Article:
Published by Harper Perennial on July 5, 2005
Genres: Classic, Science Fiction
Source: my shelves
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Brave New World was written by Huxley in 1931, and takes place in London in A.F. 632–or 2540 A.D.–632 years after Ford first produced the Model T. The Nine Years’ War and the Great Economic Collapse have destroyed the world we know and given rise to the utopian World State whose motto is “Community, Identity, Stability.” We soon learn that community, identity and stability come with a cost: personal freedom.
Everyone is provided for by the World State and ruled through distraction and pleasure. They are conditioned and encouraged to consume mass-produced products, play communal sports, go to the “feelies”, participate in Solidarity Services and have lots of promiscuous sex (“everyone belongs to everyone else”). They are also provided with a mood stabilizing, hallucinogenic drug called “soma” which acts as a tranquilizer or an opiate, without the physical side effects.
But not everyone is happy.
Bernard Marx is an Alpha Plus psychologist for the Central London Hatchery and Conditioning Centre who is different from the rest. He is often angry and depressed, and doesn’t find any comfort in soma. He falls for Lenina, a vaccination nurse in the Hatchery, and wants their relationship to be more than just meaningless sex. Bernard takes Lenina on vacation to a Savage Reservation in New Mexico—a piece of land not worth spending the money on to civilize—where they meet Linda (a woman accidentally left stranded at the Reservation years ago) and John the Savage, her very moral son. The Complete Works of William Shakespeare is the only book John has ever read, and he uses it to make sense of a life and a world that have left him very confused. When Bernard and Lenina leave the Reservation they take John and Linda with them, back to civilization.
“O wonder!” John quotes Shakespeare, upon learning that he’s about to venture forth into this new civilization, “How many goodly creatures there are here! How beauteous mankind is! O brave new world that has such people in it.” O brave new world, indeed.
Upon returning to London, Bernard becomes famous for being friends with John the Savage, and lets power and popularity go to his head; Lenina falls in love with John, but is left confused and heartbroken when John spurns her open sexual advances; and John has to reconcile his thoughts and feelings with a world that has no room for them. He must ultimately make the choice between comfort and happiness or freedom and misery.
This edition also includes Brave New World Revisited which is a series of 12 essays Huxley wrote in 1958 discussing different situations that could potentially lead us to a civilization like that of Brave New World and what can be done to avoid it. Huxley has a very firm grasp on each of the subjects he writes about: Over-Population; Quantity, Quality, Morality; Over-Organization; Propaganda in a Democratic Society; Propaganda Under a Dictatorship; The Arts of Selling; Brainwashing; Chemical Persuasion; Subconscious Persuasion; Hypnopaedia; Education for Freedom; and What Can Be Done. If you read Brave New World, I would definitely recommend reading this collection of essays, as well.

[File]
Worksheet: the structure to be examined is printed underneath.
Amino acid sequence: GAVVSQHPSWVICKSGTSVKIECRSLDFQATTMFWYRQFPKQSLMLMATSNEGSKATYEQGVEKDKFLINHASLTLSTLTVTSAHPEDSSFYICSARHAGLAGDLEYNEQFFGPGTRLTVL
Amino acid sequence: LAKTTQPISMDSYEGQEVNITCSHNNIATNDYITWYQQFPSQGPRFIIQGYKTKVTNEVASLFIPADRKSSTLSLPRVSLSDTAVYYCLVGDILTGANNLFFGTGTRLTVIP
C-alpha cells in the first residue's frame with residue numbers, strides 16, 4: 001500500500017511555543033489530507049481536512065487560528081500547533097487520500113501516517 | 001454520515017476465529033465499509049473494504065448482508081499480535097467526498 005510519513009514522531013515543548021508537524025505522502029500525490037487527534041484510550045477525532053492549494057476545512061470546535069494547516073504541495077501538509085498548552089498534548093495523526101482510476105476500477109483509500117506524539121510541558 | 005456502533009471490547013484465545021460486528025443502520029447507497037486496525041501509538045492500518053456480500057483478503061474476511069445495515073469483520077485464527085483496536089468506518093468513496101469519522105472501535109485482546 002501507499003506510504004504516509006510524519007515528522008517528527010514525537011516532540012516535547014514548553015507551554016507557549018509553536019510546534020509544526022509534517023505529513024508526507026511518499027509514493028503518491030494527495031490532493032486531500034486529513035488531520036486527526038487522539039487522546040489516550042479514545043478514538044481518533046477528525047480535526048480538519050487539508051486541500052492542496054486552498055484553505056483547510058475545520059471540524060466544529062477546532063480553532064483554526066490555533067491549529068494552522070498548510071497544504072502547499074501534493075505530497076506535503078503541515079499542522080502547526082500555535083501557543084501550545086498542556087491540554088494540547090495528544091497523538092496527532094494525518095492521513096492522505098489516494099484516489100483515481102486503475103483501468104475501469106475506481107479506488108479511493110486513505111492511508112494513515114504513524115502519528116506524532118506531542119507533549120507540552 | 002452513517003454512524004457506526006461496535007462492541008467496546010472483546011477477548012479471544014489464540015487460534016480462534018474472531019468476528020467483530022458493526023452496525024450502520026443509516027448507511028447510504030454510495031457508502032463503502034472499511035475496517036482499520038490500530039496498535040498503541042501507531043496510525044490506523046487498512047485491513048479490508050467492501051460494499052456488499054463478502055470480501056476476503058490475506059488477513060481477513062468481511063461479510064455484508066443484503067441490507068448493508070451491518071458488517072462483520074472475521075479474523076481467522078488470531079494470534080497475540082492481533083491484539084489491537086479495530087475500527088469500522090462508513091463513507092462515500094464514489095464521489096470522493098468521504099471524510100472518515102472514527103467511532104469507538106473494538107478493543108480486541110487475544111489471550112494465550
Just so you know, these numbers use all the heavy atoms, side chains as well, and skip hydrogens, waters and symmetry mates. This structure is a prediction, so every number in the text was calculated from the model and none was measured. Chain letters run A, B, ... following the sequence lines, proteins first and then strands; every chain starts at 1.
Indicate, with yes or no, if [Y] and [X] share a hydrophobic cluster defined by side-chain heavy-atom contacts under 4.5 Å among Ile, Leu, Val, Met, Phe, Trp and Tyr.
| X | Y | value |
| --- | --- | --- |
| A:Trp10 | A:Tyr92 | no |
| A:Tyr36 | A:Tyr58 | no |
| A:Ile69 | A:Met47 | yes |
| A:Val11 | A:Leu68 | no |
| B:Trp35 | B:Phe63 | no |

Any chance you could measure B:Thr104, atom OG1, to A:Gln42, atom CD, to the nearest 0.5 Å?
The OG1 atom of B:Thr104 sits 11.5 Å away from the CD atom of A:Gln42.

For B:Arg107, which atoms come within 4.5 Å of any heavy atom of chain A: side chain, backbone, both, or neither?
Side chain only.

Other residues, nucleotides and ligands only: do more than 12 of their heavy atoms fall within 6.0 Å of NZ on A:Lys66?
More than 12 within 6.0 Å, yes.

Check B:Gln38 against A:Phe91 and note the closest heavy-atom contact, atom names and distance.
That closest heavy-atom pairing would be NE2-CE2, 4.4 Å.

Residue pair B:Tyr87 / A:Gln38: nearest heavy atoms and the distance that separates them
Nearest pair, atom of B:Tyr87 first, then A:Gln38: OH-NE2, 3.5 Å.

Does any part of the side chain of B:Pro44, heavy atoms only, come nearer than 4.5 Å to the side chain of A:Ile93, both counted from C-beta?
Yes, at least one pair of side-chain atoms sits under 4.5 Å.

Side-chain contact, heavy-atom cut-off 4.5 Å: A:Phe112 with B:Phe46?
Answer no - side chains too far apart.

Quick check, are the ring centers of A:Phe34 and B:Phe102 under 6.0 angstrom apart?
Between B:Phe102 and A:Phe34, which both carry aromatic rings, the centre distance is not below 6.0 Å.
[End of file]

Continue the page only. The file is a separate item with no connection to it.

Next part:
My thoughts: I loved this book–I think it’s extremely interesting and relevant to today’s society. With all of the anti-depressants and anti-anxiety medications being prescribed today, we may not be far off from the soma of Brave New World… and we already live in a society where people would rather watch American Idol than the President’s State of the Union Address. In general, we are a society of distracted consumers–the people of Brave New World were genetically engineered and conditioned to be passive, but how unsettling is it that many people in our society today choose to be this way?
My favorite character was John–he may be naïve about the ways of the world, but his ideas about freedom, dignity, and integrity are right on point. The conversation he has with the Resident Controller of Western Europe is fantastic and thought-provoking. The Resident Controller is explaining to him why stability and happiness are so important to the World State and John replies, “But I don’t want comfort. I want God, I want poetry, I want real danger, I want freedom, I want goodness. I want sin.” Personally, if given the choice between today’s world and the Brave New World, I would want those things, too.
This book is also the perfect mixture of plot and theory. Huxley’s main themes are the ways in which advances in science have the potential to affect the population, and how building a utopian society would greatly threaten our personal freedom. He needed to find a way to incorporate his theories in a good storyline that would keep readers interested even if they weren’t previously inclined to be concerned with such ideas, and I think he did an excellent job.
To any adult at all interested in Science Fiction or the Dystopian theme, I highly recommend this book. It poses a lot of good questions about the tradeoffs between being free to feel and have our own thoughts even if it means being occasionally unhappy, and the potential alternatives. This would be a great book for young adults to read, too–although I would like to believe that we would never accept the Brave New World of Huxley’s imagining, some form of this is not altogether impossible and this book would definitely give today’s distracted youth something to think about.
(Click here to learn more about Aldous Huxley)